(13) Case C-482/99 France v Commission (Stardust Marine), cited above, paragraph 53.
(14) AG Jacobs also referred in this context to the scale and nature of the measure.
(15) Case C-482/99 France v Commission (Stardust Marine), cited above, paragraphs 55-56. See also the opinion of AG Jacobs paragraphs 66-67, where he, inter alia, stated: 'The involvement of the State does not therefore have to go so far as to constitute an explicit instruction. Instead it will in my view be sufficient to establish on the basis of an analysis of the facts and circumstances of the case that the undertaking in question could not take the decision in question "without taking account of the requirements of the public authorities".'.
(16) See http://sic.althingi.is/ See Chapter 14.12 of the Report.
(17) Chapter 14.12.2, page 232-233.
(18) Words translated by the Authority, the full Icelandic wording is as follows: 'áreiðanleika könnun'.
(19) The method used was to estimate the recovery rates of the underlying assets of the funds on a best case-worst case basis on a scale of 0 %, 25 %, 50 %, 75 % and 100 %.
(20) The Authority has been provided with an email sent by the newly appointed CEO of Islandbanki informing the board of directors that KPMG had amended its value assessment downwards. The CEO nevertheless recommended that the new bank should proceed with the original price despite it being based on a higher valuation.
(21) See page 237, Chapter 14 of the Report of the Special Investigation Commission formed to investigate and analyse the processes leading to the collapse of the three main banks in Iceland.
|Assessment and acquisition of bonds in funds affiliated to Landsbankinn(1)|
|KPMG's assessment of likely recovery(2)|
|Name of issuing company||Negative scenario (%)||Positive scenario (%)||Assets sold to NBI(3) (%)|
|(1) Source: Landsvaki (Fund management company of Landsbankinn) - Table 26, Page 237, Chapter 14 of the Special Investigation Committee's report.|
(2) KPMG's report to Landsbankinn, dated 22.10.2008.
(3) Presentation given by the asset management division of Landsbankinn to its Board, dated 22.10.2008.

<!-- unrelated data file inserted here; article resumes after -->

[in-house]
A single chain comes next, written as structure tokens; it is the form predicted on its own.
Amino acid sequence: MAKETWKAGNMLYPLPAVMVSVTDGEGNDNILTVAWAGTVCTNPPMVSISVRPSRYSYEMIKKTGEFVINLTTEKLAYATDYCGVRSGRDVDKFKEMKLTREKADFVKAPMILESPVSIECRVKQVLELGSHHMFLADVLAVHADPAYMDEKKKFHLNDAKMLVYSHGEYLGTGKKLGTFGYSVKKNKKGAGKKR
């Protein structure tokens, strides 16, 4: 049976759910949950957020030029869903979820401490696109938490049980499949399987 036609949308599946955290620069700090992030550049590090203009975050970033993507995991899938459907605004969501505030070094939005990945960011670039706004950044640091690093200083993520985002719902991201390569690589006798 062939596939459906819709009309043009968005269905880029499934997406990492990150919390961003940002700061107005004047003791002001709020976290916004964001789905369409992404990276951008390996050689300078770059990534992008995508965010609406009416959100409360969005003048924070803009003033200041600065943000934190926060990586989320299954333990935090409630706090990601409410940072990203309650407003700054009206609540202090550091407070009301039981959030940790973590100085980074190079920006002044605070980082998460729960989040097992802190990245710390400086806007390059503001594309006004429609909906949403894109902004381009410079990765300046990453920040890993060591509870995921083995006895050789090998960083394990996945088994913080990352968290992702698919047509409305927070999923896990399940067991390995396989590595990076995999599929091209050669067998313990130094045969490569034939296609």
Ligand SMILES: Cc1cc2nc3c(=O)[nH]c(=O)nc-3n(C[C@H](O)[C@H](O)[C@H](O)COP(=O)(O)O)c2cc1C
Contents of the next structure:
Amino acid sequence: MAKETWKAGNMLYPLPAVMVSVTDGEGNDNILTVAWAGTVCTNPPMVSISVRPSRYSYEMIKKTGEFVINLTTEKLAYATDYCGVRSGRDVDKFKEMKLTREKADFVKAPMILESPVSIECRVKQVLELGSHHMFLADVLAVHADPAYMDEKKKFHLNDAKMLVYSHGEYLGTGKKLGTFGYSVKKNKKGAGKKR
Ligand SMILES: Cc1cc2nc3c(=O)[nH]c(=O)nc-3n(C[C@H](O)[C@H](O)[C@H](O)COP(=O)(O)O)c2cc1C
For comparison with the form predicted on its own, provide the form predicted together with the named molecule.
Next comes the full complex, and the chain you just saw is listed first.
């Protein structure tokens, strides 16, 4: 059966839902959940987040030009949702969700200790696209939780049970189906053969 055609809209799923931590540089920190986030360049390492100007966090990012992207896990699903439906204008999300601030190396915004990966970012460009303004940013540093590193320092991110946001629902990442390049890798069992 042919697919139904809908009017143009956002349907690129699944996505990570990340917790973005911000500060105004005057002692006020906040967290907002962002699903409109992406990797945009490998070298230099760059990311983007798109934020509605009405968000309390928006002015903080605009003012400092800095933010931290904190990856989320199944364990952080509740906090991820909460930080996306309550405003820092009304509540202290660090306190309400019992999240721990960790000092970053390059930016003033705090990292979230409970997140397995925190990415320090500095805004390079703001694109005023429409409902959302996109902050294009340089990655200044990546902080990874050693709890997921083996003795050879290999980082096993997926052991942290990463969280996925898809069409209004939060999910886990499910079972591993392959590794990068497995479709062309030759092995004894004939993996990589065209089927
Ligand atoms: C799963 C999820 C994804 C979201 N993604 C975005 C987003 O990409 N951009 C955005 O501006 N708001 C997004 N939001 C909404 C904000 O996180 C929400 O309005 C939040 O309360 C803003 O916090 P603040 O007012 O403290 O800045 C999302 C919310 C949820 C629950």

(4) Prioritised collateral in BG Holding.
(5) Collateral in subordinated bonds issued by Landic Property (190 % collateral coverage).
(6) Collateral in shares in Landsbankinn.
|KPMG's assessment of Glitnir's Fund 9 recovery value(1)|
|Name of issuing company||Negative scenario (%)||Positive scenario (%)|
|Fjárfestingafélagið Atorka hf||50||100|
|Baugur Group hf (secured)(2)||50||75|
|BG Capital ehf||0||0|
|Clearwater Fine Foods Inc||75||100|
|Eignarhaldsfélagið Fasteign hf (secured)(3)||75||100|
|Eyrir Fjárfestingarfélag ehf||75||100|
|Hf Eimskipafélag Íslands||50||75|
|Icelandair Group hf||75||100|
|Invik og Co AB||75||100|
|Eignarhaldsfélagið Kirkjuhvoll ehf||50||75|
|Marel Food Systems hf||75||100|
|Samson eignarhaldsfélag ehf||0||25|
|Straumur Fjárfestingabanki hf||75||100|
|Kaupþing Bank hf||0||25|
|(1) Source: Glitnir Funds - Table 25, Page 235, Chapter 14 of the Special Investigation Committee's report. The Authority does not have information on how the value of individual bonds were assessed when the board of Islandsbanki decided to acquire them. The Authority assumes that the price was based on the average of the negative and positive scenarios assessed by KPMG. The price paid was 70 % of the book value which is close to the median of 69 % in KPMG's original estimate of a value of between 56 % and 82 % of book value. KPMG however subsequently revised the assessment due to concerns (among other things) over the value of Kaupthing bonds, and lowered the valuation to a range between 48 % and 78 %, of which 63 % is the median. The new bank nevertheless proceeded with the transaction at a price of 70 % of book value.|
(2) Collateral in BG Holding.
(3) Collateral in ISK 750 million of cash according to Glitnir.
|Assessments of investment funds affiliated to Kaupthing(1)|
|KPMG's assessment of likely recovery(2)||PWC's assessment of likely recovery(3)|
|Name of issuing company||Negative scenario (%)||Positive scenario (%)||Negative scenario (%)||Positive scenario (%)|
|Sparisjóður Hafnarfjarðar (subordinated)||0||0||65||85|
|Sparisjóður Keflavíkur (subordinated)||0||0||25||45|
|(1) Source: Rekstrarfélag Kaupþings banka (Fund management company of Kaupthing) - Table 27, Page 239, Chapter 14 of the Special Investigation Committee's report. It again seems that the weighted median of KPMG's negative and positive scenario valuations was the basis for the acquisition price of the bonds. However, bonds issued by Kaupthing were bought for 30 % of book value despite being assessed as being worthless by KPMG.|
(2) KPMG's assessment for Kaupthing funds assessing likely recovery of assets as percentage of the last recorded value on 3.10.2008.
(3) PWC's assessment for Kaupthing funds assessing likely recovery of assets as percentage of the last recorded value on 3.10.2008, presented on 7.11.2008.